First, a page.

McKillip, in her response to the audit, said that members of the Nebraska Tourism Commission on the conference committee knew about the increased spending and that the agency “believes in the value and importance of providing quality speakers.” Hiring the massage firm supported a local business, she added.
“Not all conferences break even,” McKillip said in the audit, adding that the agency should be able to use other funds to cover conference expenses.
In a later interview, the director said that her job overall, as the head of the state tourism agency, was to be “assertive” in marketing Nebraska for visitors. Almost all of the tourism agency’s budget comes from state lodging taxes.
“The concept is, if the money is there, to utilize it,” McKillip said.
The trip to France was to attend the Longines World Cup finals of the Fédération Equestre Internationale, the governing body for Olympic equestrian events. Omaha will host the World Cup in 2017.
Harold Cliff, president/executive director of the Omaha Sports Commission, said McKillip joined him and officials from the Omaha Equestrian Foundation on the trip because it was important for a government official to accompany the group. The 2017 Omaha event, he said, will have a worldwide audience, and FEI officials want to see what kind of marketing efforts will be made.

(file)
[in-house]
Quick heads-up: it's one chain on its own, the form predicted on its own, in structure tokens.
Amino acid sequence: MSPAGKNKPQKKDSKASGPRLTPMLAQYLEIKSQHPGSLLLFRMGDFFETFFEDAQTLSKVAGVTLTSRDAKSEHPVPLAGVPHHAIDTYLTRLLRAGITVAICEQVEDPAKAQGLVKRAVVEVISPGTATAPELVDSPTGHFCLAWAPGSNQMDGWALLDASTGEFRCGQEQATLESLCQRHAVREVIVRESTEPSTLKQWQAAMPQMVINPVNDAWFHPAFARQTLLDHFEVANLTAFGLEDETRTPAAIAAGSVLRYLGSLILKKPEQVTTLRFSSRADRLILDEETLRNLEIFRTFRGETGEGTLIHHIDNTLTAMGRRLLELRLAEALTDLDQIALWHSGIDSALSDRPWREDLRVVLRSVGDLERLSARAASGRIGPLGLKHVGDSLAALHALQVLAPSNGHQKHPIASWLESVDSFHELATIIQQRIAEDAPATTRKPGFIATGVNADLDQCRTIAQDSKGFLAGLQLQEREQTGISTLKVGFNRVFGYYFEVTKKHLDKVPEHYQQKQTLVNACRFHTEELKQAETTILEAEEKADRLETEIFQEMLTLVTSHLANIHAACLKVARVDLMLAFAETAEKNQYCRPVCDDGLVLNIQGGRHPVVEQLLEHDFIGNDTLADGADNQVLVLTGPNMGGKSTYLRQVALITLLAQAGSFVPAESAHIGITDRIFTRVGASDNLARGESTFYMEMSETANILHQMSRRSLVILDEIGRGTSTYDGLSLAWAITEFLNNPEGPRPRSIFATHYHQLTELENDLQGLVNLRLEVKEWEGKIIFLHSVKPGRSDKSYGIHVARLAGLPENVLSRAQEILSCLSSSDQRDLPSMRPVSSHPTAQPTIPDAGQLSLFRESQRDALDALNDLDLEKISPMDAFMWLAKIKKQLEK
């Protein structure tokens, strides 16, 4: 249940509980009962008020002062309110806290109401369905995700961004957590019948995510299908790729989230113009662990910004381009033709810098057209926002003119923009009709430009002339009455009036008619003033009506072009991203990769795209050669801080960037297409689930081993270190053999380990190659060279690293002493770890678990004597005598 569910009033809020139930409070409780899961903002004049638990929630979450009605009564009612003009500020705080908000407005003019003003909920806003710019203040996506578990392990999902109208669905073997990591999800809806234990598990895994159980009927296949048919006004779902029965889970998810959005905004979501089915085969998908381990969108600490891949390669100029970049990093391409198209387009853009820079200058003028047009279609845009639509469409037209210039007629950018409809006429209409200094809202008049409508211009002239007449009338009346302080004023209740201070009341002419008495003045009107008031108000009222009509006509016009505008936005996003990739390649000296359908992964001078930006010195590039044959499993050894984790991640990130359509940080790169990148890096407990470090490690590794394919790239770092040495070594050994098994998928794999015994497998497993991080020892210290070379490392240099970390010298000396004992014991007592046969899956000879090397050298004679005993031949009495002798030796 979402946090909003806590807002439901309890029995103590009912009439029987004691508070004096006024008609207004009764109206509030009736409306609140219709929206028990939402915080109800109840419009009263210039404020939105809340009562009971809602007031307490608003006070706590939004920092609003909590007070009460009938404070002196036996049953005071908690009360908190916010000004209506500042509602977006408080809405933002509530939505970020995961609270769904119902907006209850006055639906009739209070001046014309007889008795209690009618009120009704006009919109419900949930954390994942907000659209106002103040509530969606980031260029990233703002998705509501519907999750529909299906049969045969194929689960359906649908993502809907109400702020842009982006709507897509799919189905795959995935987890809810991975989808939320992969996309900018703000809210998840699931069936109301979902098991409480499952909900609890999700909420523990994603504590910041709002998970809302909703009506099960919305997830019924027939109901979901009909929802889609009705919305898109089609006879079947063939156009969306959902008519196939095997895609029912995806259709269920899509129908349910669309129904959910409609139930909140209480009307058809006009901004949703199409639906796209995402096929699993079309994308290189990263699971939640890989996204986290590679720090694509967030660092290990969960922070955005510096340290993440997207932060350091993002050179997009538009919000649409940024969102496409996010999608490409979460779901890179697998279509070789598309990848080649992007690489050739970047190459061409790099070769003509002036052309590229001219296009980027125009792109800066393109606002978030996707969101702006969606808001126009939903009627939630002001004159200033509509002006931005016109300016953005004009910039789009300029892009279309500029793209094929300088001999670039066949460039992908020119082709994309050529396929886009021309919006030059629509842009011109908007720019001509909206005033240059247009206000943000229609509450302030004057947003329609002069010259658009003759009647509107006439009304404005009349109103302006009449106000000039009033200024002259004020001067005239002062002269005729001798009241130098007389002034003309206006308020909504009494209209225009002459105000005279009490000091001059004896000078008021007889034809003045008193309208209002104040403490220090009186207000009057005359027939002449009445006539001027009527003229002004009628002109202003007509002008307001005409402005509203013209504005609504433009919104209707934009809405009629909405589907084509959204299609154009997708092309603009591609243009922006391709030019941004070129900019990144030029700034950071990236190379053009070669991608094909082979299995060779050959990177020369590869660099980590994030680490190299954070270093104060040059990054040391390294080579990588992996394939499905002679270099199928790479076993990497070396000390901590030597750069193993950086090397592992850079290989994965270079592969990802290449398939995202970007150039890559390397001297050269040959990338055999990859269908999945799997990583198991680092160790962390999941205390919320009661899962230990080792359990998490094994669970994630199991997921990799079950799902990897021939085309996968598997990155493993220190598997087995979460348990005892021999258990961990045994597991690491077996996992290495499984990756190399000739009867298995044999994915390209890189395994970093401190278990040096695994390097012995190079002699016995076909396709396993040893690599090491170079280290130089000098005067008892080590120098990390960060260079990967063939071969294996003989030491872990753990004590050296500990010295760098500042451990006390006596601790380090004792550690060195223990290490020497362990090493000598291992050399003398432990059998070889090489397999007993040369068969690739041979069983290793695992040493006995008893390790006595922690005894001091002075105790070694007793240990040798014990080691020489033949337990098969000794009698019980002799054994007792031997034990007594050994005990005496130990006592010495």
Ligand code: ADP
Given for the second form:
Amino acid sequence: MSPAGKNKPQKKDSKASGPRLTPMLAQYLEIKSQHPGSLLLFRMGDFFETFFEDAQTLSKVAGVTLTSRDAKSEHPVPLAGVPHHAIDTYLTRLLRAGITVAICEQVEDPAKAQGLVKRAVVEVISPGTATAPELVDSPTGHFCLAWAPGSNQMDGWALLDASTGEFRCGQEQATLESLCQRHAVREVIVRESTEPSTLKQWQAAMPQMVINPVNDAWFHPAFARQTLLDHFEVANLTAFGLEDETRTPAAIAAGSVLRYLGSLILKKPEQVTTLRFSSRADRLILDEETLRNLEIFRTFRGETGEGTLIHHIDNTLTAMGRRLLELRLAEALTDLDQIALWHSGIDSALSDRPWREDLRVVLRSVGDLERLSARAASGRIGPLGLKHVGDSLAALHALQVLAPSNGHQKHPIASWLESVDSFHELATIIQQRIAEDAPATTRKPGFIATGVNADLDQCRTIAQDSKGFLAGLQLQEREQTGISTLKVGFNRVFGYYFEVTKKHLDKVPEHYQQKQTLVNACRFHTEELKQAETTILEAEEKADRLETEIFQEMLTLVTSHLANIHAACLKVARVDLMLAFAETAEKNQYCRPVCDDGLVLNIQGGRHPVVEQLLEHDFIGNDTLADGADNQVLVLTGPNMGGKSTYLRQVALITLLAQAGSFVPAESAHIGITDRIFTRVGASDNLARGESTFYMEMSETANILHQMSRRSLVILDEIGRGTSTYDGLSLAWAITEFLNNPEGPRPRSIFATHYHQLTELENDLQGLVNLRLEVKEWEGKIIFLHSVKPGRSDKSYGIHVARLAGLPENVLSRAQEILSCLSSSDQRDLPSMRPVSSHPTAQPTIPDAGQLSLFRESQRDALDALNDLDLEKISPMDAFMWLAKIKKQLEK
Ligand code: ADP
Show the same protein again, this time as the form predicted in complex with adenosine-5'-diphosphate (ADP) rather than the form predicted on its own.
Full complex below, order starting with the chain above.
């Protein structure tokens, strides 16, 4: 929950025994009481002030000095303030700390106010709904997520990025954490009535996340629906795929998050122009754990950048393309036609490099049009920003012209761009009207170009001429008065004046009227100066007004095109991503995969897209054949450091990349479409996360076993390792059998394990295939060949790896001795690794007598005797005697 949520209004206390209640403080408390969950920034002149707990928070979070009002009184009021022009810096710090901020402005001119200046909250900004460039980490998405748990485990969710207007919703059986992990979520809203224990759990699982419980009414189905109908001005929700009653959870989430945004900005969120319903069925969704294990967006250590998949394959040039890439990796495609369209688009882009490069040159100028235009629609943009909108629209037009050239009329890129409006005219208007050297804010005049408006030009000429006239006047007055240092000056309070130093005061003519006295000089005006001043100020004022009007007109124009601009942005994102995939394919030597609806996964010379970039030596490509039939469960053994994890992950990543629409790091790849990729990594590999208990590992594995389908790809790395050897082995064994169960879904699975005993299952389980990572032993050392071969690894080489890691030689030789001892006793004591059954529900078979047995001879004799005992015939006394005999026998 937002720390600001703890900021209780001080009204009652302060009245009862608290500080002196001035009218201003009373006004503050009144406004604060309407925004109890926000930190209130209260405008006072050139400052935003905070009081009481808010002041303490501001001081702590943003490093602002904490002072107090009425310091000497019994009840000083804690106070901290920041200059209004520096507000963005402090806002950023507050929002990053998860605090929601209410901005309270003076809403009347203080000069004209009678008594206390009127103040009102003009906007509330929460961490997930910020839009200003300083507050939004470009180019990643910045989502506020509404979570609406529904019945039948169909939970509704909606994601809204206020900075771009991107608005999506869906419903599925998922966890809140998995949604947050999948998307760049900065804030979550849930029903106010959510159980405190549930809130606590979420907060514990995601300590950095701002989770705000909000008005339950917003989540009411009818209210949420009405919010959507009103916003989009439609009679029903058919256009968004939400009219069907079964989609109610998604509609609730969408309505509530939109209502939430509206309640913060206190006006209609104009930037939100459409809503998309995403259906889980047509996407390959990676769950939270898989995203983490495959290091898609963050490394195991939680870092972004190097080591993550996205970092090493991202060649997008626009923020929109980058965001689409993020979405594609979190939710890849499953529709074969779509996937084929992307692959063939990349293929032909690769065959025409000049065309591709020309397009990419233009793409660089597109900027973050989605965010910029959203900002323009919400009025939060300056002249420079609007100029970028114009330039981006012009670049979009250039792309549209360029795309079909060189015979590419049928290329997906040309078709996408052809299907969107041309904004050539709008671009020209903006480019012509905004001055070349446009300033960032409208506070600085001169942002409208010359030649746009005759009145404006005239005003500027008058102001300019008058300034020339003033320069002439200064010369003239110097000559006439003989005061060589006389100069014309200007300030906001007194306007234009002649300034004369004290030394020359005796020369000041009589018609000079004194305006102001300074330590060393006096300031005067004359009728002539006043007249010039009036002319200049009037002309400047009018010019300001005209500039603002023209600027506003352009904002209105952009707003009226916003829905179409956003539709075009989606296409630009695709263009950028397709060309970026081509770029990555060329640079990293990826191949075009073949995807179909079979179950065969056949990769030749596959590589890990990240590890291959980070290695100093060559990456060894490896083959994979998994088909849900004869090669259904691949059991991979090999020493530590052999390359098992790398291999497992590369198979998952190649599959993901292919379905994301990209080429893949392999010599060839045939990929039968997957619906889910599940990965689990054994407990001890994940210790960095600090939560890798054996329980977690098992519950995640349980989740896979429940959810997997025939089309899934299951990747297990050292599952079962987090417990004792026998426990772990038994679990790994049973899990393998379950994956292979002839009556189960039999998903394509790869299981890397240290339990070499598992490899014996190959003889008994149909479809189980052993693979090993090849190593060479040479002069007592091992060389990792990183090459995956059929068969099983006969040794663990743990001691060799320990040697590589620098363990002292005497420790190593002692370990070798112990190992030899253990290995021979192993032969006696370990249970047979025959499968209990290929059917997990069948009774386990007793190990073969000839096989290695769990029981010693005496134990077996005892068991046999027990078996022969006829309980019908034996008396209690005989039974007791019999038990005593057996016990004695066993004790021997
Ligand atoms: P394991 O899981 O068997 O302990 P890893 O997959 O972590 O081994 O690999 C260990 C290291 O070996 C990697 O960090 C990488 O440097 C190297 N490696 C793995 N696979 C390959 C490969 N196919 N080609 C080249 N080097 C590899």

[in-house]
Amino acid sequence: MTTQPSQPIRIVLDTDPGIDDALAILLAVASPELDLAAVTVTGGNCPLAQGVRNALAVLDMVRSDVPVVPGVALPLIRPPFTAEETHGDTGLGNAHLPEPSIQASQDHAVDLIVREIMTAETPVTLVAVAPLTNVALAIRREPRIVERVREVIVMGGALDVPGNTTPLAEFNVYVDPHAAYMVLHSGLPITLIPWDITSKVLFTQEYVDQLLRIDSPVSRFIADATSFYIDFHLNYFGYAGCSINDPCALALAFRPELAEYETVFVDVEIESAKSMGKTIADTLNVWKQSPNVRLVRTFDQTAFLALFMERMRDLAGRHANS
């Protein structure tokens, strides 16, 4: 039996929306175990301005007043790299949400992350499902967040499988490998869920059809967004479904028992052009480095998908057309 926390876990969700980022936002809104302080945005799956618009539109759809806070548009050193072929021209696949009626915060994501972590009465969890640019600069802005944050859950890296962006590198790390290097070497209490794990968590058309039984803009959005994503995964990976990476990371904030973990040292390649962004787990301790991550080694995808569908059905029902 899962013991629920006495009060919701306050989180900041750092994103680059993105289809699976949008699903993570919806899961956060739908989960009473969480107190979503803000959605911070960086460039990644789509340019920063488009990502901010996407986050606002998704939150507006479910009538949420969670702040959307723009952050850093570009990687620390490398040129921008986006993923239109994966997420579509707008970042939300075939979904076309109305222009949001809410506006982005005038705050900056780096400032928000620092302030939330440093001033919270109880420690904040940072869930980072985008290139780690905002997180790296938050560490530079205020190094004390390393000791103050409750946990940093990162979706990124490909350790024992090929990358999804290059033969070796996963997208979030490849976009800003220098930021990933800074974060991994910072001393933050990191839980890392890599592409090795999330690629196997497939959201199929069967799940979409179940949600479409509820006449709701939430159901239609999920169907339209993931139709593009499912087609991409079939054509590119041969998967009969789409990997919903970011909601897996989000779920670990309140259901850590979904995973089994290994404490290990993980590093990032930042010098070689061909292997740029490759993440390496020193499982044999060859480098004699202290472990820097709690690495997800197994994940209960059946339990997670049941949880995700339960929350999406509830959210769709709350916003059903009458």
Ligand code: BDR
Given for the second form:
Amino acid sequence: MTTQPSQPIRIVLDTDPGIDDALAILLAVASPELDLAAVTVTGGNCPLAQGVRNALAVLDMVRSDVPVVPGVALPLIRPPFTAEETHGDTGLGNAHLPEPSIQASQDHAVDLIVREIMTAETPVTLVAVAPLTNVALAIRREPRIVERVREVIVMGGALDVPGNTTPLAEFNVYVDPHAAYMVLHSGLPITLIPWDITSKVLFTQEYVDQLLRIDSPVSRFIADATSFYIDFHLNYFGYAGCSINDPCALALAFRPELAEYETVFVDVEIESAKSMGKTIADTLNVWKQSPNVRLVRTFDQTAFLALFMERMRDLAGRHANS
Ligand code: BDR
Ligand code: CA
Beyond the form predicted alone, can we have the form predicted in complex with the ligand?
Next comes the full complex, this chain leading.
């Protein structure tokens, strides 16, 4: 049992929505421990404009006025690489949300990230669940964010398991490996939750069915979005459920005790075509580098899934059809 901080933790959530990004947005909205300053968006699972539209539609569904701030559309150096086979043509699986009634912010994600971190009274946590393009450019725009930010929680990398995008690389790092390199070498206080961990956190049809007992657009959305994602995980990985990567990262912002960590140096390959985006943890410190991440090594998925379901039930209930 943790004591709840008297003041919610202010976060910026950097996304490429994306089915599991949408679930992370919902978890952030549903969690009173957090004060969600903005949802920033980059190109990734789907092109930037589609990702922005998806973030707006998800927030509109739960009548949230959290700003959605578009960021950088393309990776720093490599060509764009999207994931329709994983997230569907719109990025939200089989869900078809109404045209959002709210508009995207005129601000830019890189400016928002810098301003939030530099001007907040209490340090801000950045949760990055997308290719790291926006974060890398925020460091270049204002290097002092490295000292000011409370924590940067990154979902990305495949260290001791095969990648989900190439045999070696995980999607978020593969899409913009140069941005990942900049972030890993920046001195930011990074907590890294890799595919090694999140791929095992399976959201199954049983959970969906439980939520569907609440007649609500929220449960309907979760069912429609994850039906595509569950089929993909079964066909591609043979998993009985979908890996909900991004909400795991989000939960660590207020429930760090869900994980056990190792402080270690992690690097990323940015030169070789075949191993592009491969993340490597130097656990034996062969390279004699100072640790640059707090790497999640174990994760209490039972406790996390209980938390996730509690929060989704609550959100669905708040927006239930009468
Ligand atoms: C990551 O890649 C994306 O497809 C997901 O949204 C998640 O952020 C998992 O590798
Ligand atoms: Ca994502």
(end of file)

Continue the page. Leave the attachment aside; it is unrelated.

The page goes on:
“I think the FEI appreciated that level of interest from Nebraska,” Cliff said.
Lisa Roskens, an Omaha businesswoman and head of the Omaha Equestrian Foundation, said she was thrilled that McKillip agreed to come.
“We have to figure out how to get the Europeans here. Omaha, Nebraska, is not on their radar,” Roskens said.